Martin and Deutscher’s remarkable 1966 paper ‘Remembering’ still offers great riches to memory researchers across distinctive traditions, both in its methodological ambition (successfully marrying phenomenological and causal discourses) and in its content. In this short discussion, after briefly setting the paper in its context, we hone in on two live and under-explored issues which have gained attention recently under new labels – the extended mind hypothesis, and the constructive nature of memory. We suggest that Martin and Deutscher’s causal analysis of memory is compatible with the idea that activities of remembering may be distributed across heterogeneous social and external resources, focussing in on their neglected example of creatures who ‘remember as we do’ as long as they carry round metal boxes which are given to them at birth. We then argue that the causal analysis is in some tension with the extent to which remembering is a constructive activity, because there may be no clear way to determine the appropriate ‘limits of accuracy’ within which a past event or experience must be represented.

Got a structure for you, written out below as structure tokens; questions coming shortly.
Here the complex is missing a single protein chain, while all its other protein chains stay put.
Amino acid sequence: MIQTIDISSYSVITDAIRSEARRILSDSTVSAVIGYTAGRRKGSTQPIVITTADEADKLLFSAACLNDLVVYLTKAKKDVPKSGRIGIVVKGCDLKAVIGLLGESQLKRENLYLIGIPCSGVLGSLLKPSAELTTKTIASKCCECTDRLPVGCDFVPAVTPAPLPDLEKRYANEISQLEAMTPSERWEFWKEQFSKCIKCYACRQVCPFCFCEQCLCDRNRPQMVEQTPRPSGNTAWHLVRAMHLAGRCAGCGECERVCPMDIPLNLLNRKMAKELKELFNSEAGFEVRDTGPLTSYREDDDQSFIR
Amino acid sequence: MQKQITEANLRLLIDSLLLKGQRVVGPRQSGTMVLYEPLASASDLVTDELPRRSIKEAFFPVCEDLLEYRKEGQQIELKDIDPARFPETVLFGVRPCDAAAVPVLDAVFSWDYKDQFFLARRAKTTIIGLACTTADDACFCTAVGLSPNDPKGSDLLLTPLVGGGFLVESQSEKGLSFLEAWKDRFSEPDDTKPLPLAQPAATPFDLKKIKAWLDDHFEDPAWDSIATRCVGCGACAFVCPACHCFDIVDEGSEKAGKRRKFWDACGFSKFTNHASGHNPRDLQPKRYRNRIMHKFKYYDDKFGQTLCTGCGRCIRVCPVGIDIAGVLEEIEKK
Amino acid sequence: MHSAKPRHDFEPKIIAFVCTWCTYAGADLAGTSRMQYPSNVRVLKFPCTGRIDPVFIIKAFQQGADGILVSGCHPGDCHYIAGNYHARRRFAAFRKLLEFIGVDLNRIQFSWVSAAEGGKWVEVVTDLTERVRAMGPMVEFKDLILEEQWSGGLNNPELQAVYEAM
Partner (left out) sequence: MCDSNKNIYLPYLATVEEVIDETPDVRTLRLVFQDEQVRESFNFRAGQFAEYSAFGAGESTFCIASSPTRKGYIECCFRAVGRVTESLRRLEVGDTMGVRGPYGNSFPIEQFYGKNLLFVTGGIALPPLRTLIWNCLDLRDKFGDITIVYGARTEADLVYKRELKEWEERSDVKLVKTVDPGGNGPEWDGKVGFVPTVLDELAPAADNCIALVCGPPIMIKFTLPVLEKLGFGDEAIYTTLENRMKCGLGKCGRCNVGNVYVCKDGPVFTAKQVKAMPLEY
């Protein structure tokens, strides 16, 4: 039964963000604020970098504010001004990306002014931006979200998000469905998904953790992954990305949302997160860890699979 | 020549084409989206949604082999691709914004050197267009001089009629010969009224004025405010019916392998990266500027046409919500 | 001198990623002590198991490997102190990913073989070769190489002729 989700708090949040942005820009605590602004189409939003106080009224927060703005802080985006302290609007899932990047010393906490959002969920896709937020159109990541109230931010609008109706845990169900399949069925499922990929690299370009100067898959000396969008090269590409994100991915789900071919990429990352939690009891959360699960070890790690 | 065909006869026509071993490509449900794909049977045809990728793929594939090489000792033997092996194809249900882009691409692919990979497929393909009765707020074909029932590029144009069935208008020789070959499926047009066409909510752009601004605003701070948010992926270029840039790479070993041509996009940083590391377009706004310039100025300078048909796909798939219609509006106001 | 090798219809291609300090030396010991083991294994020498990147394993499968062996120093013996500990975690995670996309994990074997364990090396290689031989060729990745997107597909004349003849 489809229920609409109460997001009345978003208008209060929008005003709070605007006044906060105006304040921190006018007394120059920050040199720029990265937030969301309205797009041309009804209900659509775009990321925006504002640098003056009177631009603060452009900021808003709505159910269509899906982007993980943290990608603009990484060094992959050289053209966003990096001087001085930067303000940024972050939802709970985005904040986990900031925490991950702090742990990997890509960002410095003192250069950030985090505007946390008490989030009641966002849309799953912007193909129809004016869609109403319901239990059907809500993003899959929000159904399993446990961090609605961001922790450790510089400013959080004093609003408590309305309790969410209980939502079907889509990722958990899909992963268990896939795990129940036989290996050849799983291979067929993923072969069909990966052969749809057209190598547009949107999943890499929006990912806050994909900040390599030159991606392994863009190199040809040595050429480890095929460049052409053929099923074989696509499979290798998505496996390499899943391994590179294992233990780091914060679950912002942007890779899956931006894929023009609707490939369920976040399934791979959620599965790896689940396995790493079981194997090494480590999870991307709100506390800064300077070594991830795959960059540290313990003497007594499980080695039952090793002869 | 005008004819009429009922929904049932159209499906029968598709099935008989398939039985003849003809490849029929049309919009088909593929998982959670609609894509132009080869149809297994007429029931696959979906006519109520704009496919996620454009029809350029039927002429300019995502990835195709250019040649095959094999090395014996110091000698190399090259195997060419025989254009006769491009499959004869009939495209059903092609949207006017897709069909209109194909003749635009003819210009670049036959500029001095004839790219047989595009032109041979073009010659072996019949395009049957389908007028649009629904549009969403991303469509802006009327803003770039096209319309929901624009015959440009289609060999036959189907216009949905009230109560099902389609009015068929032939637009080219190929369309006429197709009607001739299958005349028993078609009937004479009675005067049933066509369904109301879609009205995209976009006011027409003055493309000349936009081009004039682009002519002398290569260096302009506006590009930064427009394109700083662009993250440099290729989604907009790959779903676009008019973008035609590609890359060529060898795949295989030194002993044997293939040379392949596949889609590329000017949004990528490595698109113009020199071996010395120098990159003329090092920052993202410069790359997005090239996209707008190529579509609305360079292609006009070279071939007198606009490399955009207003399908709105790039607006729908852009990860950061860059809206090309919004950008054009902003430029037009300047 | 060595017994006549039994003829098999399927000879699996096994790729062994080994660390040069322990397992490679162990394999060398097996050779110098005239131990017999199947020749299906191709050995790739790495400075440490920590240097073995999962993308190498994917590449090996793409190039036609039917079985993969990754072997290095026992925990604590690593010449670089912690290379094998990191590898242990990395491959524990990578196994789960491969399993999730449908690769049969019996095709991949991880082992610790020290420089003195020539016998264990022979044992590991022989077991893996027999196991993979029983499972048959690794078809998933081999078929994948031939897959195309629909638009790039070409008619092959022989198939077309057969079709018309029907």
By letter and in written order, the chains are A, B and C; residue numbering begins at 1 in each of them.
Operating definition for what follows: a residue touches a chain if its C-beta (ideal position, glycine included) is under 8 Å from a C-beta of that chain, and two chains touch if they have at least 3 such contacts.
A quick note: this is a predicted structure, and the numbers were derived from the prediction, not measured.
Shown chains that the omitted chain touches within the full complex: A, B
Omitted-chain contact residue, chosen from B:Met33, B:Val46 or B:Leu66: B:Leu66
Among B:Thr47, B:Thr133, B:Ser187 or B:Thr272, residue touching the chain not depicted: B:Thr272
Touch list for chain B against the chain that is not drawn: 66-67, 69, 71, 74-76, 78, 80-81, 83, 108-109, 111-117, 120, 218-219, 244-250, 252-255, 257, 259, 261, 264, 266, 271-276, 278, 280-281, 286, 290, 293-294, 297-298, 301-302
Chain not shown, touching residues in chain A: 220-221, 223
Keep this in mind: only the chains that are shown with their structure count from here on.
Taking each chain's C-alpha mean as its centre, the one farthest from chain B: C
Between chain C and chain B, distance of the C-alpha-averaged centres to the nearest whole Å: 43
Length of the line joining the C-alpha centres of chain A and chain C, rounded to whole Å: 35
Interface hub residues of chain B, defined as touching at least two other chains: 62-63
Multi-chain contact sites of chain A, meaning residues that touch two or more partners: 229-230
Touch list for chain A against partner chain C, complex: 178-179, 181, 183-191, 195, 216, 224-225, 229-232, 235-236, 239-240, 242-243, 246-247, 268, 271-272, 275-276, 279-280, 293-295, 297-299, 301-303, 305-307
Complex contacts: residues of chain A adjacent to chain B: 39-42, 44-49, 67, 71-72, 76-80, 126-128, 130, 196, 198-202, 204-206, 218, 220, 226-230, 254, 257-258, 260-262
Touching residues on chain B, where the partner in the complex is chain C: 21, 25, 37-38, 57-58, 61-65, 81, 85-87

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|Published - 2009